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According to the CIA, the current average life expectancy for humans across the planet is 68.7 years, (ranging from the highest expectancy – 89.73 in Monaco, to the lowest – 38.76 in Angola).  Many predict the students in our classrooms today will live to over 100 years, provided the planet can sustain them.  In the past, the focus was on the number – ‘how long will we live?’.. now, the focus is shifting (especially in the minds of young people) to ‘how long will the planet sustain us?’ 
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The core business of schools is to prepare students for prosperous, enriching and positive futures, providing them skills, understandings, resources and attitudes necessary to thrive.  In a recent survey, 7% of youth in the US answered “Yes” to the question “Is the world becoming a better place”. 
93% of schools students said they did NOT believe the world is becoming a better place.
With a barrage of depressing destruction posted on the news daily, apathy is replacing hope in our schools.  As educators, we should be considering the impact this is having on learning and be looking for ways to address this.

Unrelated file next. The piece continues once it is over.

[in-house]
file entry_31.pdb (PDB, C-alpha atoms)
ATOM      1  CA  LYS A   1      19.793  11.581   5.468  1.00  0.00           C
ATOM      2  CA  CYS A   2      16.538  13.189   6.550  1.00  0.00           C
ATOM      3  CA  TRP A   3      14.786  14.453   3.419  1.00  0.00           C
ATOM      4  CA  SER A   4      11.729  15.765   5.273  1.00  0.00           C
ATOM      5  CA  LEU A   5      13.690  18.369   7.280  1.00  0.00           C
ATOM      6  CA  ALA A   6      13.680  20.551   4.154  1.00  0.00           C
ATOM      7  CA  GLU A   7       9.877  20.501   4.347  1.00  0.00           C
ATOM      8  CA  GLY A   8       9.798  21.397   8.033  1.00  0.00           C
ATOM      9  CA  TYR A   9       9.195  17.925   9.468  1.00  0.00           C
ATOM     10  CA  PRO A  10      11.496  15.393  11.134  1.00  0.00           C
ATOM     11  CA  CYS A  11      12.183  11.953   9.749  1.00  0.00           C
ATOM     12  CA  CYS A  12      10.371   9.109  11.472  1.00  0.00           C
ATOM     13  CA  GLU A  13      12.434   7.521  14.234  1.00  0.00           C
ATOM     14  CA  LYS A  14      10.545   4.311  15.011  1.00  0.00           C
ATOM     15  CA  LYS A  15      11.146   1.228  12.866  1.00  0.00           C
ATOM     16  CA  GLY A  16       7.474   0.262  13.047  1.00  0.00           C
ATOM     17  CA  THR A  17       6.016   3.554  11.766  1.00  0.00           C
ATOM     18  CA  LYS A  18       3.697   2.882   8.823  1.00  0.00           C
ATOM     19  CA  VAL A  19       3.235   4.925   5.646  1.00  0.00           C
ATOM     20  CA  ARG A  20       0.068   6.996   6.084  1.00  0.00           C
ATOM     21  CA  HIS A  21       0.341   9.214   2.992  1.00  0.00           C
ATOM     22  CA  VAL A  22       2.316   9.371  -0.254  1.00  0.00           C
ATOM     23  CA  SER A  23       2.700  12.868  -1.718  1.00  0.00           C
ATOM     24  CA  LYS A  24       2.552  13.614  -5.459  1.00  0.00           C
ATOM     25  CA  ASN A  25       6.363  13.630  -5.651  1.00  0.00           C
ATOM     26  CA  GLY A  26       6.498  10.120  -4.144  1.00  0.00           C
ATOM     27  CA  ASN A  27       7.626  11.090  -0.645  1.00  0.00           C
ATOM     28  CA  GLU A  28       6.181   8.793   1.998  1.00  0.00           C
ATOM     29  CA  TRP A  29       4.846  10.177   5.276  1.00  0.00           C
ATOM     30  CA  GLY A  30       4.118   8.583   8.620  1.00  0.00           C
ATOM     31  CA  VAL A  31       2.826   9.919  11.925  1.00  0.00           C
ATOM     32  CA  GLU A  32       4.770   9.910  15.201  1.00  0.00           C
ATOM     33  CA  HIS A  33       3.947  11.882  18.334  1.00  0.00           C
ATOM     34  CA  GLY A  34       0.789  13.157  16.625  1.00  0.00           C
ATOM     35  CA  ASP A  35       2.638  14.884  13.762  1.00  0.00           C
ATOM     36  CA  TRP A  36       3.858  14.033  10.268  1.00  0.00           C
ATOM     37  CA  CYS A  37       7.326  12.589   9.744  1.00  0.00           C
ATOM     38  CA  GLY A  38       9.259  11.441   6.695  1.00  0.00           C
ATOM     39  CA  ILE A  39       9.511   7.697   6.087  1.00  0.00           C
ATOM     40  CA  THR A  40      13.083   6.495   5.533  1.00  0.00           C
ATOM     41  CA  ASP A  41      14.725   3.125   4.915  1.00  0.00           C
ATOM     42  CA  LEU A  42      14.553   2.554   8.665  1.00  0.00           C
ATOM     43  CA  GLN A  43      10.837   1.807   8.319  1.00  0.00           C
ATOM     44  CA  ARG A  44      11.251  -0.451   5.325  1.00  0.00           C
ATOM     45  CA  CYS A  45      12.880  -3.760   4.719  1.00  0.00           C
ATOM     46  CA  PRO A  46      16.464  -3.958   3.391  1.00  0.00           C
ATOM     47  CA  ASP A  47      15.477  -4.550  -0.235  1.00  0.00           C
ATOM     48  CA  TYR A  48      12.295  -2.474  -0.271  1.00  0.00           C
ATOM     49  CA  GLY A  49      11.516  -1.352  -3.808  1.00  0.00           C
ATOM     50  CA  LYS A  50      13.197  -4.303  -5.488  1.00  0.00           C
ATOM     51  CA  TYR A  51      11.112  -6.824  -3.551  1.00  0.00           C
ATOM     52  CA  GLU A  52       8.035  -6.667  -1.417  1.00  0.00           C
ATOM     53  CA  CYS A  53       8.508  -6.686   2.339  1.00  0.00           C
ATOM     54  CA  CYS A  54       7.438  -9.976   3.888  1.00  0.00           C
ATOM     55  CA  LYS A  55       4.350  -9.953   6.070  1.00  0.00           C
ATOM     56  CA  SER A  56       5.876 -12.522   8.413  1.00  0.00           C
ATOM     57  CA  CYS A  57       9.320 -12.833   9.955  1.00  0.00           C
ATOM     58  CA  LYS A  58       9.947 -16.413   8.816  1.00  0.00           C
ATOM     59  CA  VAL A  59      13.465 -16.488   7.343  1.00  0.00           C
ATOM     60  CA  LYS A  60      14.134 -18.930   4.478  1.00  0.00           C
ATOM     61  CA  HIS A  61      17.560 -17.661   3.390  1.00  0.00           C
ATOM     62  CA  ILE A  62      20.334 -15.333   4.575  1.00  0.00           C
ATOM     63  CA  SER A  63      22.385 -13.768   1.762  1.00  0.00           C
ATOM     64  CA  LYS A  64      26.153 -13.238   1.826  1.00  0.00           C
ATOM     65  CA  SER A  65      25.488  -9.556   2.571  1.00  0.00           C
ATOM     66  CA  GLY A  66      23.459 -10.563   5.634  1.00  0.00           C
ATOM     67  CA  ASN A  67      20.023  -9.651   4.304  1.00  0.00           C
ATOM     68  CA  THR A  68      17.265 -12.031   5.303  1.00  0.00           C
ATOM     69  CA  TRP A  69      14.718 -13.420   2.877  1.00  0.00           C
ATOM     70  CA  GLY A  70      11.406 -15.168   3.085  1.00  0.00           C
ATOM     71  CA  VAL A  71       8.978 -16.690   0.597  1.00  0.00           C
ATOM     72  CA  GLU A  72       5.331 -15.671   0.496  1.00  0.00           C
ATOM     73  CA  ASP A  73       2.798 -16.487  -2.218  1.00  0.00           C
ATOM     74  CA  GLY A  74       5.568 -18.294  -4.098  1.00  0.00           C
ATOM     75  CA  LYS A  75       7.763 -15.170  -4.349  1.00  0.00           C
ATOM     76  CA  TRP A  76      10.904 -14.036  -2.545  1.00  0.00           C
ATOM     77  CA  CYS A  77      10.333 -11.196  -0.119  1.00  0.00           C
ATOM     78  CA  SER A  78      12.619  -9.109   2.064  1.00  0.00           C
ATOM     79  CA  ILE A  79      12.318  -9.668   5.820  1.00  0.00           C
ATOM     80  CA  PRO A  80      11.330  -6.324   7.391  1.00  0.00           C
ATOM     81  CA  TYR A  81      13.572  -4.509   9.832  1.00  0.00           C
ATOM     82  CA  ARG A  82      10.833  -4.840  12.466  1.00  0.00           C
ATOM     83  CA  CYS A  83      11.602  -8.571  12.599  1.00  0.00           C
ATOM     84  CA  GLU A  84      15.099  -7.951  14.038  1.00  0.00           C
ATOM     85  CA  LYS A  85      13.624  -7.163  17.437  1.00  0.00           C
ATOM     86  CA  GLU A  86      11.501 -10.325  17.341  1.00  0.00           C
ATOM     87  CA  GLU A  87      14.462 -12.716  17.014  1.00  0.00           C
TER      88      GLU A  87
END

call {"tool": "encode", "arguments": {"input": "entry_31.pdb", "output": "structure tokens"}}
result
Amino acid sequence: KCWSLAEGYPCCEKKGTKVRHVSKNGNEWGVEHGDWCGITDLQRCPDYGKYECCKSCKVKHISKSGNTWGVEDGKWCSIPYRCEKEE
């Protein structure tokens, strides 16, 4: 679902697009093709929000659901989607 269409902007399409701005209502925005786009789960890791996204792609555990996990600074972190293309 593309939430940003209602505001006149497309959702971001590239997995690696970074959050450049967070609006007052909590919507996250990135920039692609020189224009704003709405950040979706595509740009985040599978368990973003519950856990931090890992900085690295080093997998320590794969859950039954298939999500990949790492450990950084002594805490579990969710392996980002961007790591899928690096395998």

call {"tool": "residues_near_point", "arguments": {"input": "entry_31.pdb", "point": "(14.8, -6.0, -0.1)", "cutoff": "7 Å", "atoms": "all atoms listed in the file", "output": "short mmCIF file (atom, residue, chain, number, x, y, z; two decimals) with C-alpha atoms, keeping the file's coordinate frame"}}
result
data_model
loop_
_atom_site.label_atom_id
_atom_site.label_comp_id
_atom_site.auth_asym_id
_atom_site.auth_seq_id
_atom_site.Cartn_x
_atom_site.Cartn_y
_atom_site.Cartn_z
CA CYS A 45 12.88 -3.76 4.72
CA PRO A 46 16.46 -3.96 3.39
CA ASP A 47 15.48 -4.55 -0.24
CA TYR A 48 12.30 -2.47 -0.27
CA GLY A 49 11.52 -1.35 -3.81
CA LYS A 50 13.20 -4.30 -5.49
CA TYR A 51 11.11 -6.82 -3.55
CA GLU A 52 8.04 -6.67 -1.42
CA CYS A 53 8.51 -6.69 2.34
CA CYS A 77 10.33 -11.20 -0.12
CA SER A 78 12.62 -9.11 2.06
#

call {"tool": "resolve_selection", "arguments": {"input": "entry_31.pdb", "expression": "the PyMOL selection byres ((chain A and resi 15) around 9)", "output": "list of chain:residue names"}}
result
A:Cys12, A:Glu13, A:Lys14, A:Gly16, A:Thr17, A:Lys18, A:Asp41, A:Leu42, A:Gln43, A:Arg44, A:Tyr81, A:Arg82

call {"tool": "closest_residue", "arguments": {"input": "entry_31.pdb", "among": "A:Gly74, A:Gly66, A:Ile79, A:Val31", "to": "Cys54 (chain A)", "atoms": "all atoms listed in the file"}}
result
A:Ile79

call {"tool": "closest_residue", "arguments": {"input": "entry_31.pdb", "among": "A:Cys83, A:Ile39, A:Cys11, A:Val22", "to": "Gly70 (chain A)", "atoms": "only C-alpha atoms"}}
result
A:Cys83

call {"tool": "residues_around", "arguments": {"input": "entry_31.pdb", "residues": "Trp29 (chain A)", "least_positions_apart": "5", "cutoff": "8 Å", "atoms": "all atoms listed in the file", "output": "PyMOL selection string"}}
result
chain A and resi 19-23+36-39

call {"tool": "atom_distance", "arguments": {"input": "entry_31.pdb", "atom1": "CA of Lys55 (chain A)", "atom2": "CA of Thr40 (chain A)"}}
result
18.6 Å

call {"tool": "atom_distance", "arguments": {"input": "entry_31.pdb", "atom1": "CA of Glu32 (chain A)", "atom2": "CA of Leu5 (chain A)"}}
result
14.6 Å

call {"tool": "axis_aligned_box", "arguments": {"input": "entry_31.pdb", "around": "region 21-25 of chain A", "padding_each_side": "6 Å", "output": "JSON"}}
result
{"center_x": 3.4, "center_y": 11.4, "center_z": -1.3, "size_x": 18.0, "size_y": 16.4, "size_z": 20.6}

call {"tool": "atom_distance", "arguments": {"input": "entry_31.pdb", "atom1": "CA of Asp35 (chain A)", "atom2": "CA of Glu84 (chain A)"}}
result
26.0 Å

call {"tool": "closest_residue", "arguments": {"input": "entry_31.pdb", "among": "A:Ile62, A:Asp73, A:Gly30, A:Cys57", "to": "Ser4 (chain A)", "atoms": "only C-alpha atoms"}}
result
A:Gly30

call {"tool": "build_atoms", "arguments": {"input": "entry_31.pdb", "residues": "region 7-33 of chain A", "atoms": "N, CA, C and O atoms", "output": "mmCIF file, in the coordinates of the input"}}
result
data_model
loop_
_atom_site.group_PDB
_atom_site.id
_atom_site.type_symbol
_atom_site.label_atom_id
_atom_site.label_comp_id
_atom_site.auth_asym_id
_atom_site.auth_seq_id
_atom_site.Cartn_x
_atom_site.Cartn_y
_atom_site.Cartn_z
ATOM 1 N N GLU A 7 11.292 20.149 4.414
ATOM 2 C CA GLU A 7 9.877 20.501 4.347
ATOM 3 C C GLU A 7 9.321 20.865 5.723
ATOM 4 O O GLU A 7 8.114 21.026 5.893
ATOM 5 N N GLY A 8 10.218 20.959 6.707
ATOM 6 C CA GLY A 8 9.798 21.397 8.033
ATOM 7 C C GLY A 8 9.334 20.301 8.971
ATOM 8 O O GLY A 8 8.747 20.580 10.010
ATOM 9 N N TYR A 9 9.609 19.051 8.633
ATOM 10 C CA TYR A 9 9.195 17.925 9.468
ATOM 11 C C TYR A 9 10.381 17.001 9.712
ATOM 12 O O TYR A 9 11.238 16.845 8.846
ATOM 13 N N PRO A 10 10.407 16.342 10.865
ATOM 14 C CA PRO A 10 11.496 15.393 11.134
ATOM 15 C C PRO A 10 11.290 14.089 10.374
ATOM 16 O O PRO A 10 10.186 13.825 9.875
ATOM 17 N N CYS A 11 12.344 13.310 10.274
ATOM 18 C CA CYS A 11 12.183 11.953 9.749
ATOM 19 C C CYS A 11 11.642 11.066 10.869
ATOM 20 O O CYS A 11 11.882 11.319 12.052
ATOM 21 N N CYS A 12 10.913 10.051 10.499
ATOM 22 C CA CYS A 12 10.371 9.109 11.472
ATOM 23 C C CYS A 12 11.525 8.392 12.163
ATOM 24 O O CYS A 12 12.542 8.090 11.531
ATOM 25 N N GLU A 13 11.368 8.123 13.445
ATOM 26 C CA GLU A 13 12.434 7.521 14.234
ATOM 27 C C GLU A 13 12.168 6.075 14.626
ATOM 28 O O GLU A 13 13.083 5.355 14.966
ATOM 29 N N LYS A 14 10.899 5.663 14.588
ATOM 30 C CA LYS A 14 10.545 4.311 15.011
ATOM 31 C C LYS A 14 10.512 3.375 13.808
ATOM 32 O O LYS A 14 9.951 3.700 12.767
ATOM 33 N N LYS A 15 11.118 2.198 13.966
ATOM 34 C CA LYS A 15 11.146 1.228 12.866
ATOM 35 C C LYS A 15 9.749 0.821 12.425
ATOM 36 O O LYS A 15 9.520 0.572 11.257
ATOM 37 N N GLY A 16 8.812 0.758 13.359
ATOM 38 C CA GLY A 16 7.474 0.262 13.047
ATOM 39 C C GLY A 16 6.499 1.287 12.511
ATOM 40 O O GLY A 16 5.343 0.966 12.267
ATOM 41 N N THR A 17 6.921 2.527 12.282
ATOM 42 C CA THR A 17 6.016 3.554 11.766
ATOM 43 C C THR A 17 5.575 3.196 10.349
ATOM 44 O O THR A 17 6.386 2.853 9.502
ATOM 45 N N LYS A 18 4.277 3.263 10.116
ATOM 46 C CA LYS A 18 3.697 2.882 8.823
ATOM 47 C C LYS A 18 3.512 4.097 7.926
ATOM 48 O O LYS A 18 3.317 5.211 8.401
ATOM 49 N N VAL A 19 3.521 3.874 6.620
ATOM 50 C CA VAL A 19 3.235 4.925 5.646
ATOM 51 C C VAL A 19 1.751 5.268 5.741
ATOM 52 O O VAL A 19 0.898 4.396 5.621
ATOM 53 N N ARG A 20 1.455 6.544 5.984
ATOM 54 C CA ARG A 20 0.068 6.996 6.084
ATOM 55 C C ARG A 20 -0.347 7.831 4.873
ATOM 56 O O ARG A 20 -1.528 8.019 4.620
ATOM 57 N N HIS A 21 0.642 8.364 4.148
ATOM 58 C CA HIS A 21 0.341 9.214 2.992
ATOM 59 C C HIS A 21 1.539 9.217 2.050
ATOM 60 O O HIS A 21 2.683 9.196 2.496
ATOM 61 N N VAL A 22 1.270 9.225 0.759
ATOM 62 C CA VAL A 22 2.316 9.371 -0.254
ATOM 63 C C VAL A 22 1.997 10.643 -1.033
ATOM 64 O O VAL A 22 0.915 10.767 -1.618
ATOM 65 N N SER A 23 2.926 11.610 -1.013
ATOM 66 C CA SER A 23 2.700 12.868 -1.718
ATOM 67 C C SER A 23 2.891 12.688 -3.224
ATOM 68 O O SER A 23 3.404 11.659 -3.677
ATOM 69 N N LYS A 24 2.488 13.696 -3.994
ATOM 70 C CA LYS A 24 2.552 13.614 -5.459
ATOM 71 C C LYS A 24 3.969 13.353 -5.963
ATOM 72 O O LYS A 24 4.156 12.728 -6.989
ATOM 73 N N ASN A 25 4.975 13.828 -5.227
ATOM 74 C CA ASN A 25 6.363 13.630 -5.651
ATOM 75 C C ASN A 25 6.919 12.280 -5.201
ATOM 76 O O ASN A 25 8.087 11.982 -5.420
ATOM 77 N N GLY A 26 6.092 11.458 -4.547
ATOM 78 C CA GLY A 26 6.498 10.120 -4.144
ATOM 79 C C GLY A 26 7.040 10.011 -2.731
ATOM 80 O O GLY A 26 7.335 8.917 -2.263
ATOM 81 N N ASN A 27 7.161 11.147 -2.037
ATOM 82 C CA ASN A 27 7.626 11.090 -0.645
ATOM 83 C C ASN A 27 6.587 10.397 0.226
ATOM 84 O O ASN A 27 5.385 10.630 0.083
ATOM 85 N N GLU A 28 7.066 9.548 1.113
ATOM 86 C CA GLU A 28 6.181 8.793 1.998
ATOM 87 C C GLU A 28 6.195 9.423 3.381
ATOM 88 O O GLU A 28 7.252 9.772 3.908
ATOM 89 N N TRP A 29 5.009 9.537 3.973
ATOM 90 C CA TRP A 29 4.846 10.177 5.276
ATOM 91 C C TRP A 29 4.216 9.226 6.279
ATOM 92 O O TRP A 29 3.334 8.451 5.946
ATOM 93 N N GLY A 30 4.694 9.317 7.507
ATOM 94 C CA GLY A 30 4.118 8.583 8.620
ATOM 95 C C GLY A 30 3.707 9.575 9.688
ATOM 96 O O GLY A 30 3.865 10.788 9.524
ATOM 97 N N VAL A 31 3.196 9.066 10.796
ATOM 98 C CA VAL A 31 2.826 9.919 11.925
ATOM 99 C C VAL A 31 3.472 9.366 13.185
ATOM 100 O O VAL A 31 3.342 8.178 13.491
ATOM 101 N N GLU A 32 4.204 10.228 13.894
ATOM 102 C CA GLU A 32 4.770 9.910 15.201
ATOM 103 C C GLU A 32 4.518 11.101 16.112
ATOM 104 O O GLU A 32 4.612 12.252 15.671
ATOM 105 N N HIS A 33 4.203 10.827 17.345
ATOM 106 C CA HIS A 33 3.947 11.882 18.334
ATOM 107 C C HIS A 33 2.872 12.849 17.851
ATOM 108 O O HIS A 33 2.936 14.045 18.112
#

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This clip, from DeforestAction’s brilliant cinematographer Patrick Rouxel (Award winning director of “Green“), paints a powerful picture.
No wonder there is depondency and apathy in our schools.  The climate change trajectory of our planet is accellerating in the wrong direction, with new prediction models suggesting billions of people will be forceably displaced within the next 30 years, compounded by increased disease, famine, war, drought and worse.  Even if we completely stop emitting CO2 universally, the amount already in the atmosphere will see the planet continue to warm for 200 years, so stopping emissions isn’t enough.  Al Gore made it very clear that awareness isn’t enough either. We need fundamental change, not incremental reduction in consumption.